Run, girl, run.

TRIGGER WARNING: Family violence.


Confession: I’m a runner.


     I don’t mean the kind that wakes up in the morning, laces up and hits the pavement a la Rocky. I mean the kind that runs when things get messy. I’ve been a runner my entire life.

     We moved a lot. My mom, my two younger sisters and I. Mom was married to an abusive drug addict. She quickly realized her mistake, but state law said she couldn’t get a divorce unless her husband gave her permission. So for 8 years after her separation, we ran. We hid, slept in cars, stayed with friends and family members. Until the court ordered her to give him visitation rights. The man who put my mom in the hospital multiple times, had the right to make us stay in one place or she’d lose her youngest child.

     When he wasn’t in prison for manslaughter or drug charges, he was breaking into our home, pawning what he could, and leaving destruction in his wake. He often stole her paycheck, went on week long coke and alcohol binges, returning when he needed money or got out of prison. His only saving grace was that he didn’t hit us kids often, his own daughter, never. But we saw, oh we saw everything he ever did to her.

      By six, I could call 911 like a champ. I learned to press record on the tape deck so we could prove what happened. By nine I was an expert at lying to social workers. When you’re the son of the small town police chief, incidents just disappear. Southern manners dictates looking the other way.  The worst part was when people did called 911, the police never showed up to help.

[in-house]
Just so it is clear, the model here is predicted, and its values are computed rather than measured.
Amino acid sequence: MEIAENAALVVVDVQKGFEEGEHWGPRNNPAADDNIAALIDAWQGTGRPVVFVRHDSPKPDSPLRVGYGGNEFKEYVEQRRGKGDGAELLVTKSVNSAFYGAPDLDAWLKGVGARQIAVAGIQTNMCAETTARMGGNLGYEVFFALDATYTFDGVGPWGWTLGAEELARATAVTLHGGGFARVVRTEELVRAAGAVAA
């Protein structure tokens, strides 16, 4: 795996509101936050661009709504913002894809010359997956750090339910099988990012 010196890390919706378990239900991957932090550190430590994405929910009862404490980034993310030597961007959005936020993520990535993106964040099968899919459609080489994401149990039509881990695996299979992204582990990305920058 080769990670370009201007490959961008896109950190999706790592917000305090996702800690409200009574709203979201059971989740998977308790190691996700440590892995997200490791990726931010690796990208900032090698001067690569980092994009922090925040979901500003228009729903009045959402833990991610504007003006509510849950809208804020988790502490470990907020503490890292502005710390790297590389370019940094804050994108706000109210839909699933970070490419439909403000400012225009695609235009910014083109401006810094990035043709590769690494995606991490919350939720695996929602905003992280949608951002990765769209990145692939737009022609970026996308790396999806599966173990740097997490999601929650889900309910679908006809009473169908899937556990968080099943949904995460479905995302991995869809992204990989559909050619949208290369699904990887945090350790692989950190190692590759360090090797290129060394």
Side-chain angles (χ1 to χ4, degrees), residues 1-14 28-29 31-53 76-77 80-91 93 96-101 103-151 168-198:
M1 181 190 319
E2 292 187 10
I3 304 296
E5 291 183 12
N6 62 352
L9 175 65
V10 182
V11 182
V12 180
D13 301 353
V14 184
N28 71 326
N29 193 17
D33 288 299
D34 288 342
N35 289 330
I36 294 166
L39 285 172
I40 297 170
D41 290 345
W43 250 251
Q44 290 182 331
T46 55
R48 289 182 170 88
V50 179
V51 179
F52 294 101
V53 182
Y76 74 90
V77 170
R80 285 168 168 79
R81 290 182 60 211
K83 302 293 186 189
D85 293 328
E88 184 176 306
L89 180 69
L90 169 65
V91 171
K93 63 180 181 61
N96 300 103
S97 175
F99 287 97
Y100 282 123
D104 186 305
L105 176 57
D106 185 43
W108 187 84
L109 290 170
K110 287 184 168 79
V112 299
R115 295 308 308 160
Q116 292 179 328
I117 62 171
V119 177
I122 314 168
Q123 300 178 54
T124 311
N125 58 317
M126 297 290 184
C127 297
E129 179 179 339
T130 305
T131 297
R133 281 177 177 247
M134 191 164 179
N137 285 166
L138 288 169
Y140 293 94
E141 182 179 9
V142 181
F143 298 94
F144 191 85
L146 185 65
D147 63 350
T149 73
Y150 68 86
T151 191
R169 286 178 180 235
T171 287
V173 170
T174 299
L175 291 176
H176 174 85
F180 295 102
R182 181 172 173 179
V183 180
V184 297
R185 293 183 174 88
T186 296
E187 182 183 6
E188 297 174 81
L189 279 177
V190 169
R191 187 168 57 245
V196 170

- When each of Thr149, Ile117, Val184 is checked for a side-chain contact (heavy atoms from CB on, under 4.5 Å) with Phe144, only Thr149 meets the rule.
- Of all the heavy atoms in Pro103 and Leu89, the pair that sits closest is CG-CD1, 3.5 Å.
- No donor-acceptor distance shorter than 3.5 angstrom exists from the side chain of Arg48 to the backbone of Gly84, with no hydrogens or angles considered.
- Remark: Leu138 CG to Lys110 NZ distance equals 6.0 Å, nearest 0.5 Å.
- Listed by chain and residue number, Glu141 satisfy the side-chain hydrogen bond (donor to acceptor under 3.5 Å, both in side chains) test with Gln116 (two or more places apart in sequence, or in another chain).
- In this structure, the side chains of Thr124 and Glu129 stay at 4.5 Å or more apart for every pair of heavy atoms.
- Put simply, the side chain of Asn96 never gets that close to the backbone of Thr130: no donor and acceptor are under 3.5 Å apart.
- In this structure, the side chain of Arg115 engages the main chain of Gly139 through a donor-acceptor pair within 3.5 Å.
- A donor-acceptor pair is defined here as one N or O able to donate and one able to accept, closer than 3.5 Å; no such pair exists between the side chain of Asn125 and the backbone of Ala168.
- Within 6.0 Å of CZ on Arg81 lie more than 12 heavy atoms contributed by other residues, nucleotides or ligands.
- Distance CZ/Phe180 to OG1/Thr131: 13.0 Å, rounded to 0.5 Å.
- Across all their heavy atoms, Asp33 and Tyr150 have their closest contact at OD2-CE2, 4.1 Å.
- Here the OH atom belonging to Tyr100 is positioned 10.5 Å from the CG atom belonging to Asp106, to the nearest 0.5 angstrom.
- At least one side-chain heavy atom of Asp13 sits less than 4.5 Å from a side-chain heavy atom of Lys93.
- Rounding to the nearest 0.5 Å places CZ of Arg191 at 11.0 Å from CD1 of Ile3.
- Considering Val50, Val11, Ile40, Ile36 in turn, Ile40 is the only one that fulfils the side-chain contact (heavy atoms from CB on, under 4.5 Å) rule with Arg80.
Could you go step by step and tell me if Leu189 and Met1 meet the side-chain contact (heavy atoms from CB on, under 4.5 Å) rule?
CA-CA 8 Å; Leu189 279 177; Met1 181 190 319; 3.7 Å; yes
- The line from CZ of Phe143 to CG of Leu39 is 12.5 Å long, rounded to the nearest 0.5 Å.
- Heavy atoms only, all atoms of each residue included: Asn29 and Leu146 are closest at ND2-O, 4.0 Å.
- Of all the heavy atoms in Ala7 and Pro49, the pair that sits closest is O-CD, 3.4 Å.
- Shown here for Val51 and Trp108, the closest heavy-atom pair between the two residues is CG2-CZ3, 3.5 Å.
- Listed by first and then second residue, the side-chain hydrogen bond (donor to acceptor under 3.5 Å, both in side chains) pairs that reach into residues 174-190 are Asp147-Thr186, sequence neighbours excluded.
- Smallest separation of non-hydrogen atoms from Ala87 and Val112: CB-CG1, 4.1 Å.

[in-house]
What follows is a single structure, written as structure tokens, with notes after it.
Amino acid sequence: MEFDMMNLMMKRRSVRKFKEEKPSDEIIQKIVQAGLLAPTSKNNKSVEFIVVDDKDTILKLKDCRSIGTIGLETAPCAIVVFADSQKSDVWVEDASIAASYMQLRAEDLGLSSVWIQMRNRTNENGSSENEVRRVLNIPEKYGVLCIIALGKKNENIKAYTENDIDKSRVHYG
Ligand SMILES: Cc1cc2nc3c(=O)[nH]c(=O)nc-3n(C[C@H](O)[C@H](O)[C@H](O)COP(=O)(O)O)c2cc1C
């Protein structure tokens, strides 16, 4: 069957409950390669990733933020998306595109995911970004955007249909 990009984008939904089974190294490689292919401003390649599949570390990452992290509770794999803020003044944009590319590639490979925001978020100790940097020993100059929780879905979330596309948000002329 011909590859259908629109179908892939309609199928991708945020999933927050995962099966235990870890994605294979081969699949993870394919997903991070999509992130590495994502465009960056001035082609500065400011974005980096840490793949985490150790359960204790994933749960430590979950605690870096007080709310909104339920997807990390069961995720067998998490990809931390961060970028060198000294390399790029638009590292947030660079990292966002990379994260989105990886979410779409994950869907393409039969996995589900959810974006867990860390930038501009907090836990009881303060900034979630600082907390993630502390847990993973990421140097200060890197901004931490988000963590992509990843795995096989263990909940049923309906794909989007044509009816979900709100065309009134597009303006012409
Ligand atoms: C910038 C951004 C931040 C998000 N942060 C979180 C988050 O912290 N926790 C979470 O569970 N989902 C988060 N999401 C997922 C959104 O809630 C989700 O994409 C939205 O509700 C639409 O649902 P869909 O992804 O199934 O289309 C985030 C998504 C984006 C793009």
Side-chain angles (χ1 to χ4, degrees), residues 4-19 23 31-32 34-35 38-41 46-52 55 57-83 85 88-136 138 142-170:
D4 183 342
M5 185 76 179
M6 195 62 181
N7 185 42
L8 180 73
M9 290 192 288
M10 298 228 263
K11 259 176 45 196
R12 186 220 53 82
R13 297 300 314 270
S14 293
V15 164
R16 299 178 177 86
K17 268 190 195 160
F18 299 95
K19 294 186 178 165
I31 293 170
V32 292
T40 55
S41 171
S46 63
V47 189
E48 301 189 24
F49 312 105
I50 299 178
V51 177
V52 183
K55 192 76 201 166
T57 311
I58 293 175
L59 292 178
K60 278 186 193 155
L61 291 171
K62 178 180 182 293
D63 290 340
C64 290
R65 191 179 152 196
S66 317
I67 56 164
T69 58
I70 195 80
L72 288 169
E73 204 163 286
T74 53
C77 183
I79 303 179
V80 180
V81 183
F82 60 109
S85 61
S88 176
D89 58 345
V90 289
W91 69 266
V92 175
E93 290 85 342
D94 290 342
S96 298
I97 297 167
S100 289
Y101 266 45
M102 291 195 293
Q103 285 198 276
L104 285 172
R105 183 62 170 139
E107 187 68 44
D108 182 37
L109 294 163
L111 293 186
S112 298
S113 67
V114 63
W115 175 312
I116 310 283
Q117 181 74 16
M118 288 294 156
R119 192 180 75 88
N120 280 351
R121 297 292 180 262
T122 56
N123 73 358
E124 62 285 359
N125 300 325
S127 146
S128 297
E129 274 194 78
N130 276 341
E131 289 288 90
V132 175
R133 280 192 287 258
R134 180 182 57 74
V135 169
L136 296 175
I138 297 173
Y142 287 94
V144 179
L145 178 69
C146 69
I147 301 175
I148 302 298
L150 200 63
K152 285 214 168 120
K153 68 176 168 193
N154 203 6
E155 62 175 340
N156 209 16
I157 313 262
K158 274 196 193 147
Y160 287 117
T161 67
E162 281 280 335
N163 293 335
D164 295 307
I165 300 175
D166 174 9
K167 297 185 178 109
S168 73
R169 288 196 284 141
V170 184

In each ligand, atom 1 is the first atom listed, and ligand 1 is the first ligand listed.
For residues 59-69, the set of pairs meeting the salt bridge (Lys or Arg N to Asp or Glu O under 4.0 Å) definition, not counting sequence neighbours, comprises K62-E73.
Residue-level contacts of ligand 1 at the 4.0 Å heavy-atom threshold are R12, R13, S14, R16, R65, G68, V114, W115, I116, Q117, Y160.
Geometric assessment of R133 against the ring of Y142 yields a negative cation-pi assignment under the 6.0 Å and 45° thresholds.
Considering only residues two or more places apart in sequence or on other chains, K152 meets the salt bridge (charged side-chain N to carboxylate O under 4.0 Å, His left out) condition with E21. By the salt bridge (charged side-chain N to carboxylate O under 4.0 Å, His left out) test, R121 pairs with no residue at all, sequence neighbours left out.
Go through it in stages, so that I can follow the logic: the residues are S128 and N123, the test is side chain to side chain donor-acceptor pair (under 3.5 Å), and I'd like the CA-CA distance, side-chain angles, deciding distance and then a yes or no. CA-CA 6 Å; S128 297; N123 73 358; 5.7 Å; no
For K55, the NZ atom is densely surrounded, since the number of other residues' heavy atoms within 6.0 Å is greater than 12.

The divorce law finally changed in 98. Mom’s divorce was granted the same day. But the damage was done. I don’t have a wall built up. I have a damn Iron Man suit protecting me.  You can not hurt me. I am bulletproof. Fire away. Fire away.

   Violence in a relationship became status quo. I never trusted any person I was with. I waited for the other shoe to drop. Even when I was married to the gentlest man for 6 years, I waited for him to hurt me. I waited for the betrayal, the anger, the pain. When it never happened, I felt like something was missing.  I asked for a divorce. I ran.

Yes, I know this is not normal.

       After moving so much, I learned to blend in, to not be noticed. I made surface friends, but I didn’t let them in. In my family we don’t share secrets and shame. It’s not their business. They don’t understand. Keep your mouth shut and your head down. Get in, do what you need to do, get out. When things get too close to real honesty, find a new friend. If you don’t trust anyone, they can’t hurt you. When things get messy, move.

     I’ve moved 36 times. I’ve been in 15 different schools, 6 different colleges. I’ve lived in 5 different states. Big cities, small ones, on farms, in tents. I’ve lived on mountains, in valleys where the sky stretches so far you think you can see heaven, next to rivers, next to oceans. My home is where I am. Who I am is who is most convenient for you. My identity, my core, has been buried so deep even I don’t know the full truth of it.